17 Jun Can you sleep with tampons?
Tampons and pads are two of the most used methods of intimate hygiene during menstruation. Both are safe and their use depends on the preferences of each woman. Undoubtedly, due to its discretion, one of the advantages of tampons is their comfort, especially when playing sports, bathing in the sea or the pool, or simply wearing tight clothing.
Today’s tampons are easy to insert and remove and it is easy to forget about them for hours due to their high absorption capacity and total comfort. Wearing a tampon for a considerable period does not imply, in principle, any danger, but some doubts may arise. Can you sleep with tampons? How often should I change it? What could happen if I don’t? If you are one of those who prefer a tampon to compresses, we clear up all your doubts in this article.
Can you sleep with tampons?
Although many women prefer to sleep with a compress that allows the flow of menstrual more easily, others choose the tampon even during the night. There are no studies or tests that indicate that, as a rule, using tampons while you sleep poses a health risk, provided that proper intimate hygiene is followed and that the tampon is changed frequently.
Tampons are mainly made of cotton and synthetic fibers with a high absorption capacity. If you have an allergy to any of them, logically, you should avoid their use.
Going to bed with the correct tampon for your vaginal discharge is also important, not only for comfort and safety in avoiding leaks and stains but also because a tampon that does not absorb enough could cause excessive moisture in the vaginal area that could favor the appearance of bacteria and, with them, possible infections. In the opposite case, a tampon that absorbs more than necessary in the face of little menstrual flow could contribute to the development of minor irritations or even vaginal dryness.
If you sleep with a tampon, you must check that you have inserted it correctly. Therefore, it will not cause any discomfort because if it is incorrectly placed during the hours of sleep, it could cause irritation or some slight damage in the delicate intimate area.
If you do not have your period, you should never use tampons to sleep (as a precaution) or if you are suffering from any urinary or vaginal infection.
With due precautions and as long as your gynecologist does not tell you otherwise, it does not hurt to sleep with tampons for a short period.
How long can a tampon be worn?
How often to change the tampon is a very common question when starting to use tampons. The time of use of a tampon is limited and the different manufacturers of this hygiene product agree that it should not be worn for more than 7 – 8 hours. This is the problem posed by sleeping with him because, if it is a nap of a few hours, there would be no problem, but if we are talking about a long and placid night of more than eight hours of sleep, the tampon would not be fulfilling its function and it would be essential to change it.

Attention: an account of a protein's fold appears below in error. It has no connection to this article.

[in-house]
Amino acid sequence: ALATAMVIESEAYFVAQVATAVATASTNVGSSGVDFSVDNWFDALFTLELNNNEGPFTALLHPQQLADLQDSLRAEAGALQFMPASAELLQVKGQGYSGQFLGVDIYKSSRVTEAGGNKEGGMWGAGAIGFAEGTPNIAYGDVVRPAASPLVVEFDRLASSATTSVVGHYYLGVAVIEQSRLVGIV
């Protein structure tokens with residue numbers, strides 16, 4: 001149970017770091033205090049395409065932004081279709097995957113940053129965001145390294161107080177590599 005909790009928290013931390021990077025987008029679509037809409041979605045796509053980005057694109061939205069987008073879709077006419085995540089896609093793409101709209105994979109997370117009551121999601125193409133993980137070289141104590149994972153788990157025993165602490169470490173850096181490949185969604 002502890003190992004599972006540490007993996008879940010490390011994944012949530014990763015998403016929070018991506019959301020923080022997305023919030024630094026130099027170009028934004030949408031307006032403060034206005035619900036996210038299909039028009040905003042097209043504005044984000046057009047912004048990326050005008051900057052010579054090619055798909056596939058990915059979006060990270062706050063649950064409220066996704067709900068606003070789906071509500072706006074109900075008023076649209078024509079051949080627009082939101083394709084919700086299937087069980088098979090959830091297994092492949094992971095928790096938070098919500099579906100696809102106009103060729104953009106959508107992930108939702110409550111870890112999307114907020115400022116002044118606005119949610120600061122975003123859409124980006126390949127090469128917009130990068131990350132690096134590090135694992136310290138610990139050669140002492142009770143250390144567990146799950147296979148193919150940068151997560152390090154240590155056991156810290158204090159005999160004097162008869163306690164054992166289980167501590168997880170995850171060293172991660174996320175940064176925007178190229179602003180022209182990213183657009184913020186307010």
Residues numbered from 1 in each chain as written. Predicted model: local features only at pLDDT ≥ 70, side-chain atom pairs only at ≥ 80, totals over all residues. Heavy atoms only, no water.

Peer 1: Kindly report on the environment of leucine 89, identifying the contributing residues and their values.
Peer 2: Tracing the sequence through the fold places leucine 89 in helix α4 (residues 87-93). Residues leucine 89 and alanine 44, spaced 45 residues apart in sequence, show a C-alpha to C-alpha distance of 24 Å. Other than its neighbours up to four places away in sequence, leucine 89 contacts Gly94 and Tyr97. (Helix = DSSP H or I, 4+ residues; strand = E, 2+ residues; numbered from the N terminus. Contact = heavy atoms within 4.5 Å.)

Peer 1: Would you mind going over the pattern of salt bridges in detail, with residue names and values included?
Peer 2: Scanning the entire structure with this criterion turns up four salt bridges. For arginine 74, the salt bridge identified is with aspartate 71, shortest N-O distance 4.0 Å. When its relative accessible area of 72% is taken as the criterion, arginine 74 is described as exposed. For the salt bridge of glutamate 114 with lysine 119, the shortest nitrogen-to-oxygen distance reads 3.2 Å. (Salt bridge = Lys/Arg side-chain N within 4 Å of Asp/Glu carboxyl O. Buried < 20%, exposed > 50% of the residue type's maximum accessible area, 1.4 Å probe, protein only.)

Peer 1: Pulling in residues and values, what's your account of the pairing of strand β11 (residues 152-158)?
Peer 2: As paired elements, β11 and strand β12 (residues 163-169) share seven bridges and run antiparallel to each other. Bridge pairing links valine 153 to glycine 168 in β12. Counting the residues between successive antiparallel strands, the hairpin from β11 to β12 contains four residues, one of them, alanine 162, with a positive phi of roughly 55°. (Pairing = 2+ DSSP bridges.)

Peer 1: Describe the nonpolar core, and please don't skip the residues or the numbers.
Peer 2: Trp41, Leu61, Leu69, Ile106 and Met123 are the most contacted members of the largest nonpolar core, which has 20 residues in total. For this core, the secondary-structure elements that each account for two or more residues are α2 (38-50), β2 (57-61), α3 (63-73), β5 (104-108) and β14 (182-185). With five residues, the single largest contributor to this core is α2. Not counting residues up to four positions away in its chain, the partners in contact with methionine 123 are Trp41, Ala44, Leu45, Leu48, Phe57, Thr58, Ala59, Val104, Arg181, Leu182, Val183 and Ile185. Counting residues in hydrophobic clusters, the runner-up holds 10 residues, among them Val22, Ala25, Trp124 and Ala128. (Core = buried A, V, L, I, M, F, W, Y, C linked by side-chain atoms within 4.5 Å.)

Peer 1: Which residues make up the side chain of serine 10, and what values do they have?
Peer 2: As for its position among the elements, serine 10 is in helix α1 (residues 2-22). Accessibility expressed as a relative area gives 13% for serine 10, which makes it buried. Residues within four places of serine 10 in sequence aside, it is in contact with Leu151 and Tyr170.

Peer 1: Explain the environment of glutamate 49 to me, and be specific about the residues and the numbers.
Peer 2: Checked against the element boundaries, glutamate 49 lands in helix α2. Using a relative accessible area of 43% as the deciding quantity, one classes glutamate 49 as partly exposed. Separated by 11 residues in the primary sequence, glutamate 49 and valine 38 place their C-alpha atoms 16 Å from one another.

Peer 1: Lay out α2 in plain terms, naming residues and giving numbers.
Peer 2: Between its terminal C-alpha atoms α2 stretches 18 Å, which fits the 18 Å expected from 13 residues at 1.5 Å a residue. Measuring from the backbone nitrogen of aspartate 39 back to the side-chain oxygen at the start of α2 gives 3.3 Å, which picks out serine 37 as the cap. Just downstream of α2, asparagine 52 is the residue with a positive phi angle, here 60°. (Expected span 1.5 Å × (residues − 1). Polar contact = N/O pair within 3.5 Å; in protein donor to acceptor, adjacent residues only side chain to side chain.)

In reality, knowing exactly how long a tampon lasts will depend on different factors, but as a general idea, it can be said that its average use time ranges between 3 and 6 hours. The ideal is to change it every 4. As we have said, some factors influence the fact of changing it more or less frequently, mainly the amount of flow you have on each of the days that the rule lasts.
Is Tampon Toxic Shock Syndrome Real?
The syndrome of toxic shock (TSS) is a real, serious, and rare condition that it is important to clarify that it is not always related, necessarily, with tampon use.
It is an infection that can be caused by certain bacteria such as Staphylococcus aureus or Streptococcus pyogenes. In specific cases, these bacteria, in contact with the mucous membranes (not only the vaginal ones), can generate dangerous toxins that the immune system will try to fight off.
A tampon used for an excessive time can become an element that favors the proliferation of these bacteria, but it must be emphasized that it would be an exceptional situation. For toxic shock to develop, a series of conditions would have to occur, such as inadequate intimate hygiene, a previous infection, a weakened immune system, or some type of poor health. Suppose to all this is added an inappropriate tampon to the existing menstrual flow that, in addition, has remained in the vaginal canal for longer than advisable. In that case, this could make you an even stronger risk factor for the development of bacterial infection.
Sudden high fever, vomiting, severe headaches, or a sudden drop in blood pressure are some of the symptoms of this disease that need urgent and immediate medical attention. Generally, are treated satisfactorily with antibiotics.
In summary, it can be said that toxic shock syndrome is real, and several causes can trigger it. Although there have been cases in which the inappropriate and prolonged use of tampons in excess has influenced the development of the infection, it is not always linked to tampons. Changing it frequently is a basic measure of hygiene and prevention when it comes to avoiding any risk of toxic shock.
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